Jail Keeping Shower Cages In Tact — But Why? – NBC New York

Last month, a jail oversight board publicly shamed Rikers Island officials for using showers as de facto cages – locking detainees in narrow stalls for hours at a time. The NYC Department of Correction responded by pledging to dismantle one shower cage in the Eric M. Taylor Center (EMTC), a building that houses adult and juvenile males.

But emails obtained by the I-Team show there are several other facilities on Rikers Island where shower locking stalls remain intact.

According to a September correspondence between jail regulators at the city’s Board of Correction, there are at least eight operational shower cages in six other buildings on Rikers Island. Some of the locking stalls are barely 3 feet wide.

“It’s disturbing. It’s insulting,” said Tamara Carter, whose son, Brandon Rodriguez, committed suicide while locked in a Rikers Island shower stall last year. Rodriguez was awaiting trial on a domestic violence charge when correction officers put him in the shower cage for more than 6 hours following a jail altercation.

The controversial stalls are officially called “decontamination showers.” Their intended purpose has been to rinse detainees off when they are hit with chemical sprays used to break up jailhouse fights. But jail watchdogs have alleged correction officers routinely use the cages as a way to isolate prisoners for hours – even if they’ve not been subjected to chemical sprays.

Carter has now filed a federal civil rights lawsuit against the Department of Correction, alleging jail officers used the shower cage as a prohibited form of solitary confinement against her son, who suffered from bipolar and depressive disorders. Her attorney, William Wagstaff, says Brandon Rodriguez was a known suicide risk who should have never been held in isolation.

A split image showing the size of the decontamination showers used to isolate prisoners for hours at a time

“He, at least 6, 7, 8 different times, while he was in this shower cell, said he was going to kill himself,” Wagstaff said. “He was someone by law, by New York City regulation, that couldn’t have been placed in solitary confinement.”

The Department of Correction has said Rodriguez’s death and the death of Elijah Muhammad, another detainee who attempted suicide in a shower cage, are both under investigation. A correction officer involved in Muhammad’s case was fired by the department.

Danielle DeSouza, a DOC spokesperson, sent the I-Team an email saying decontamination showers should not be used as holding pens and citing a July security memo that notified correction officers they would face discipline if they keep detainees in the shower stalls longer than needed to wash off chemicals.

But the emailed statement also extoled the need to isolate problem prisoners using “security apparatus.”

“It’s a basic correctional practice to use security apparatus in jails, and we must have the ability to separate violent detainees from staff and other people in custody,” the statement read.

Several of the recent deaths on Riker’s Island involve people who were locked up and isolated for extended periods of time. I-Team’s Chris Glorioso reports.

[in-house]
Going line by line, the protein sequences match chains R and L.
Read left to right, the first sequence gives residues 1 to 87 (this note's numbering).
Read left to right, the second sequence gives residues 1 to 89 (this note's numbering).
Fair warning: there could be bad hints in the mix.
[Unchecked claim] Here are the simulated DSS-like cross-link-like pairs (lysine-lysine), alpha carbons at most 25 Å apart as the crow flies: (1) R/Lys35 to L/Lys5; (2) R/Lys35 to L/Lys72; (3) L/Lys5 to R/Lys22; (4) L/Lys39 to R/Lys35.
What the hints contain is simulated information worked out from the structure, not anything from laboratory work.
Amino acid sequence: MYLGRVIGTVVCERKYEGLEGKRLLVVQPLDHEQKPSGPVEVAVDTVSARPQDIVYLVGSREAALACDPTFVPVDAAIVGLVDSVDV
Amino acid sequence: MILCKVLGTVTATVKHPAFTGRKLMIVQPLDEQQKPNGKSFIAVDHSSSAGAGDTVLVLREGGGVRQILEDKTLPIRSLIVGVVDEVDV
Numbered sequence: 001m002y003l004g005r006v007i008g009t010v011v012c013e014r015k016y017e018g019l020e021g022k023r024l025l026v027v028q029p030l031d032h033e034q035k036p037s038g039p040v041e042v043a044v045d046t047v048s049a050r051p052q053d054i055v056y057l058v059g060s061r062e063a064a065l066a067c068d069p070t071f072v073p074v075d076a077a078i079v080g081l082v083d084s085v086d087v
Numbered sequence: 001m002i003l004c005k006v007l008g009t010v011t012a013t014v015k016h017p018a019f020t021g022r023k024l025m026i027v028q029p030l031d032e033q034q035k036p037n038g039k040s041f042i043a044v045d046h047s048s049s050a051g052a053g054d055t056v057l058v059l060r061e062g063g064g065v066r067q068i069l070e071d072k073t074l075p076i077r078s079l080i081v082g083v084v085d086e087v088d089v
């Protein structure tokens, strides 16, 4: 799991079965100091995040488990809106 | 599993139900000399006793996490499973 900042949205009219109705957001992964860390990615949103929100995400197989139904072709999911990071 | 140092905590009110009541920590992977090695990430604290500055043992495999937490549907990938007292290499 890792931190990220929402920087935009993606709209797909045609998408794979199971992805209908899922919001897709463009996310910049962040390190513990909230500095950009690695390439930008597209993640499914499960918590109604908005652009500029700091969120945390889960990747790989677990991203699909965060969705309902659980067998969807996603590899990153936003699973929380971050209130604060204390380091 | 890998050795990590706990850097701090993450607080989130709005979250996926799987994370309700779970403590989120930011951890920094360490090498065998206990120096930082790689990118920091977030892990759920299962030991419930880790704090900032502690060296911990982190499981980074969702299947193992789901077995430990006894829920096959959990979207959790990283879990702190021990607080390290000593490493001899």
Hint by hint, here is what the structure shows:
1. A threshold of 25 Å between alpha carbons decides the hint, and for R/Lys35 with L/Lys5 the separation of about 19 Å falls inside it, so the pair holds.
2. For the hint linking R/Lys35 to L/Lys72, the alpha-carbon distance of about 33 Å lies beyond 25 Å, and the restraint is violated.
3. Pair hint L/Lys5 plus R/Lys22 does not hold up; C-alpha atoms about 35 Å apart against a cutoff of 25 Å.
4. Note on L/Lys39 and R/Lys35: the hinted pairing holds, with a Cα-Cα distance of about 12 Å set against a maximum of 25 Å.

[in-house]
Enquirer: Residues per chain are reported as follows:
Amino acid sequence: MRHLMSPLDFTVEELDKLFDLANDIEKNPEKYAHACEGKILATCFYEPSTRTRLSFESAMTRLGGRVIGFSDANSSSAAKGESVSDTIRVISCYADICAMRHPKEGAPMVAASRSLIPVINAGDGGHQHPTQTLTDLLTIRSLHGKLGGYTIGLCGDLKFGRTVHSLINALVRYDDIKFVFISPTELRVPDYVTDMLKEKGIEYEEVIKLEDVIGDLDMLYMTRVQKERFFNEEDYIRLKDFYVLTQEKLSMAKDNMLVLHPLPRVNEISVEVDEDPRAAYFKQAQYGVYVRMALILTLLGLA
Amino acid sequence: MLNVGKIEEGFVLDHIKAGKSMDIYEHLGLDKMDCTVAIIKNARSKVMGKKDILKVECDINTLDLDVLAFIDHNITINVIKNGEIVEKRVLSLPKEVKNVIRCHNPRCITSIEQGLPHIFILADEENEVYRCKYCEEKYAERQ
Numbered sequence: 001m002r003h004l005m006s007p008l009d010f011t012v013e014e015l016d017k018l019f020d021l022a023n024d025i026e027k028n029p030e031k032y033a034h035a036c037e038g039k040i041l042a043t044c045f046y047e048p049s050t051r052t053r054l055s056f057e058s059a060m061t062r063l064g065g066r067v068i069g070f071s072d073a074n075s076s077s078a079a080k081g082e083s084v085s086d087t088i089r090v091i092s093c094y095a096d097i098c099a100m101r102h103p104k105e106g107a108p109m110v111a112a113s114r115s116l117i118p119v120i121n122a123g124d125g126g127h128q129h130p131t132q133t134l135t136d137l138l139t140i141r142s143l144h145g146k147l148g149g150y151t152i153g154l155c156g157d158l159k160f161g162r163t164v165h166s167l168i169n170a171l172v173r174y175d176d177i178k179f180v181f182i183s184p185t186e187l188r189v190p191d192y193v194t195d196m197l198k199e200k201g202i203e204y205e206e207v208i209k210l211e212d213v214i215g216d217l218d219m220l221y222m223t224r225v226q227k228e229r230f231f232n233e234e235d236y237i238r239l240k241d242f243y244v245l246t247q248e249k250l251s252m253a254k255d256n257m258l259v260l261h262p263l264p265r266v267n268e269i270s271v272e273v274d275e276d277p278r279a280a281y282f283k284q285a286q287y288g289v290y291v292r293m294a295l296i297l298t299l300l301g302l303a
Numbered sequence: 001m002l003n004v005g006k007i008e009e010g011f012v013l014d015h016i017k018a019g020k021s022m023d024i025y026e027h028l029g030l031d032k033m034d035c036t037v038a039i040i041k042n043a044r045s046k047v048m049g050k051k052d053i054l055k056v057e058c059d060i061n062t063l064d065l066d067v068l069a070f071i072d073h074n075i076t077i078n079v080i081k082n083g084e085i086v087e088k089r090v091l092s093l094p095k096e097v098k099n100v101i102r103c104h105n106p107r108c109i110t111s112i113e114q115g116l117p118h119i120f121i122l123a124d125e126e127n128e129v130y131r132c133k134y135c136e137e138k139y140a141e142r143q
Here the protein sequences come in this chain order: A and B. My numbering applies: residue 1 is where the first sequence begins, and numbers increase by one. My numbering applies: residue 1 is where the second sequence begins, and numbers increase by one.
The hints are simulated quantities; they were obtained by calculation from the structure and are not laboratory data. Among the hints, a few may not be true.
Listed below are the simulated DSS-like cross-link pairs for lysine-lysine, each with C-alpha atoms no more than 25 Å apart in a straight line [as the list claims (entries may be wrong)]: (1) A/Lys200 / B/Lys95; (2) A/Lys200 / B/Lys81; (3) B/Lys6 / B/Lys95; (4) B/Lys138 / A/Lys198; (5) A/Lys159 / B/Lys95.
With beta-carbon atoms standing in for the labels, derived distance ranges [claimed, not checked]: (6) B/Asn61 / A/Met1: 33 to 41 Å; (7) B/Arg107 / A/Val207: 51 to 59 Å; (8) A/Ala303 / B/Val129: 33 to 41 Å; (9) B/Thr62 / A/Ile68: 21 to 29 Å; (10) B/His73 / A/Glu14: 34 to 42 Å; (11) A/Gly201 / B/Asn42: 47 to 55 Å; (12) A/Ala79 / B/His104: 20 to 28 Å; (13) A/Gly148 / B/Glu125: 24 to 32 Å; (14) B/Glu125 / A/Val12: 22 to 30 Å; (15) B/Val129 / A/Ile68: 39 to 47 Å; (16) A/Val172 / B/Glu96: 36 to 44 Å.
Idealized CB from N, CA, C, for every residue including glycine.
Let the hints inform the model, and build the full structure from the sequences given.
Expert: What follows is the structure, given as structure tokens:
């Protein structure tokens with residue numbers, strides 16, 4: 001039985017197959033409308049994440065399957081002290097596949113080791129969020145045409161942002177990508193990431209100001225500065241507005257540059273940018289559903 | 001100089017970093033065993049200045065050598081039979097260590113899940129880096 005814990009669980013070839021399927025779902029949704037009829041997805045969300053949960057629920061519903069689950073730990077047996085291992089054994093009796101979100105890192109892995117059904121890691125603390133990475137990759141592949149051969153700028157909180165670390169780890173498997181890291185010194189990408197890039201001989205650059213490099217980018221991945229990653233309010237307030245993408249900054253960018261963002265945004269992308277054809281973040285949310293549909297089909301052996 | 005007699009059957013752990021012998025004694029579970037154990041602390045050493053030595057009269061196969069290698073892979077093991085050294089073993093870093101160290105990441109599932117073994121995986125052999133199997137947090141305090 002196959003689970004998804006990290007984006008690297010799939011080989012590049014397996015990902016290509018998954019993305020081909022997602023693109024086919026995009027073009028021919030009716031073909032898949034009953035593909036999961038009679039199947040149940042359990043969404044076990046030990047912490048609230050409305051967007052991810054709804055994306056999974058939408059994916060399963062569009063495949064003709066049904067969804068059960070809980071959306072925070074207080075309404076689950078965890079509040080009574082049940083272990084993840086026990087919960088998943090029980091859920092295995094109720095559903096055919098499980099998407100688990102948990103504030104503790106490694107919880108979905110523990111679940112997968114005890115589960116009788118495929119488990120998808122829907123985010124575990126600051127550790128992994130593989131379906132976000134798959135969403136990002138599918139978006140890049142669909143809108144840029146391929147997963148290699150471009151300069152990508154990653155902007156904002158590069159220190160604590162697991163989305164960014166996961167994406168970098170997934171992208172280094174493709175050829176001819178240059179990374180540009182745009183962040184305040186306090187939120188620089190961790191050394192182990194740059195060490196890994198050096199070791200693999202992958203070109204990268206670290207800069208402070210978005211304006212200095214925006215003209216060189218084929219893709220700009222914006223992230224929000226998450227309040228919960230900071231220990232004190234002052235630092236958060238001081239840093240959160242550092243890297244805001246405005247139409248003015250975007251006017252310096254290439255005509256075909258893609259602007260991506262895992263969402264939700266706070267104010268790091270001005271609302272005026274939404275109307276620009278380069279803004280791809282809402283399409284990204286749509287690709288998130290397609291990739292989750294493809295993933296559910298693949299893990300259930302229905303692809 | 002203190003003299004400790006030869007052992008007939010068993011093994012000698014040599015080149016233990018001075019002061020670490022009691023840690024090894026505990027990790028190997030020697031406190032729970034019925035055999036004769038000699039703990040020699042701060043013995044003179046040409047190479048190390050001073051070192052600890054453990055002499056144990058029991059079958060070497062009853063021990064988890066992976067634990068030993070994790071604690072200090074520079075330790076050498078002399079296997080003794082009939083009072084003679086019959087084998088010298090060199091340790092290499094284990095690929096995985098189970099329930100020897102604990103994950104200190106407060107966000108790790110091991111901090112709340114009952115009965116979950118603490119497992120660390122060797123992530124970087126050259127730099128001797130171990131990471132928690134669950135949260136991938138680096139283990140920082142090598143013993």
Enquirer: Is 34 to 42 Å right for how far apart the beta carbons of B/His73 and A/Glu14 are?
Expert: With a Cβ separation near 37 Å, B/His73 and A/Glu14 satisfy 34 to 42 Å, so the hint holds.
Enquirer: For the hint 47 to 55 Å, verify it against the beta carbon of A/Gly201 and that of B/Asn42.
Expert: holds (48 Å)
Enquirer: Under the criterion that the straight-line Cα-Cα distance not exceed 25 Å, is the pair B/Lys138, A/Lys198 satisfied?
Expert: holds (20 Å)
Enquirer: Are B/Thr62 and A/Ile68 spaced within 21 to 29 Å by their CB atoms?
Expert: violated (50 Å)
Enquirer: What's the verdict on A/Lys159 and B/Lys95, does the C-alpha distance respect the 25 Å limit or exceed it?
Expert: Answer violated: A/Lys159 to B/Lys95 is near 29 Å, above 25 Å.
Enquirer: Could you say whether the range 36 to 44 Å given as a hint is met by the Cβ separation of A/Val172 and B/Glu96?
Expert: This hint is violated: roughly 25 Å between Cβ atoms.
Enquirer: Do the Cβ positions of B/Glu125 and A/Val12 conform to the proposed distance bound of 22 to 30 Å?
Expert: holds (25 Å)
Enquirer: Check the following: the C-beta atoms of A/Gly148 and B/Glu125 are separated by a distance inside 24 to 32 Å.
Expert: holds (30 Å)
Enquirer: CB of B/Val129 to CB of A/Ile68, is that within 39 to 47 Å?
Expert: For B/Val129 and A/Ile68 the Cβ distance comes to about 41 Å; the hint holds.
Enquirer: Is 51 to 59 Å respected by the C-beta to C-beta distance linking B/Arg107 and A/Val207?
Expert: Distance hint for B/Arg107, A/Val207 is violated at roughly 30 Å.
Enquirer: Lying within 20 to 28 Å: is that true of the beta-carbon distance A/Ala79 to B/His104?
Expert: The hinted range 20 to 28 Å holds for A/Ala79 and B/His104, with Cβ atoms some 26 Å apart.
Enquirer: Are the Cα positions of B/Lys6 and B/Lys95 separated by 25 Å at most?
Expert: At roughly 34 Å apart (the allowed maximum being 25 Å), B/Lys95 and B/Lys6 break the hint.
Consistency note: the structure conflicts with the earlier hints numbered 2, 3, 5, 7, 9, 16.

When asked why jail officials dismantled a shower cage in one building, but left multiple cages in other facilities intact, the DOC cited architectural differences. According to the email from DeSouza, the design layout of shower stalls in EMTC allowed for the safe removal of a security barrier, but removing locking doors and gates from shower stalls in the other buildings was determined to create unsafe spaces for decontamination.

Critics say blaming architectural differences contradicts Commissioner Louis Molina’s own words on the matter.

Just weeks before the DOC pledged to dismantle the shower cage in the Eric M. Taylor Center, Molina expressed to the idea in an email to the Board of Correction. “As for the decontamination shower, I am not inclined to dismantle it. It serves a useful purpose and we do not have a reasonable alternative at present,” Molina wrote.

Mayor Adams toured Rikers island, offering support to New York City correction officers. Sarah Wallace reports.

Tamara Carter says she believes the real reason Rikers Island brass dismantled one shower cage – but left eight others intact – was to pacify outraged regulators, while keeping a form of solitary confinement available.

“It seems like they are very blatantly telling us, we’re still going to torture people,” Carter said. “We’re going to close this one down to satisfy whomever, and we’ll continue torturing people.”

The City Council is currently considering a bill that would ban all forms of solitary confinement in Rikers Island jails, but Mayor Adams and Commissioner Molina have raised concerns about the legislation – suggesting the isolation of violent prisoners is sometimes necessary to keep the rest of the jail staff and other detainees safe.

Amid a Rikers Island staffing crisis, the correction officers union says city jails have gotten too violent and there aren’t enough people to police them. But critics say there are plenty of officers — but too many are abusing unlimited sick leave. The I- Team’s Chris Glorioso has the numbers, and they don’t lie.

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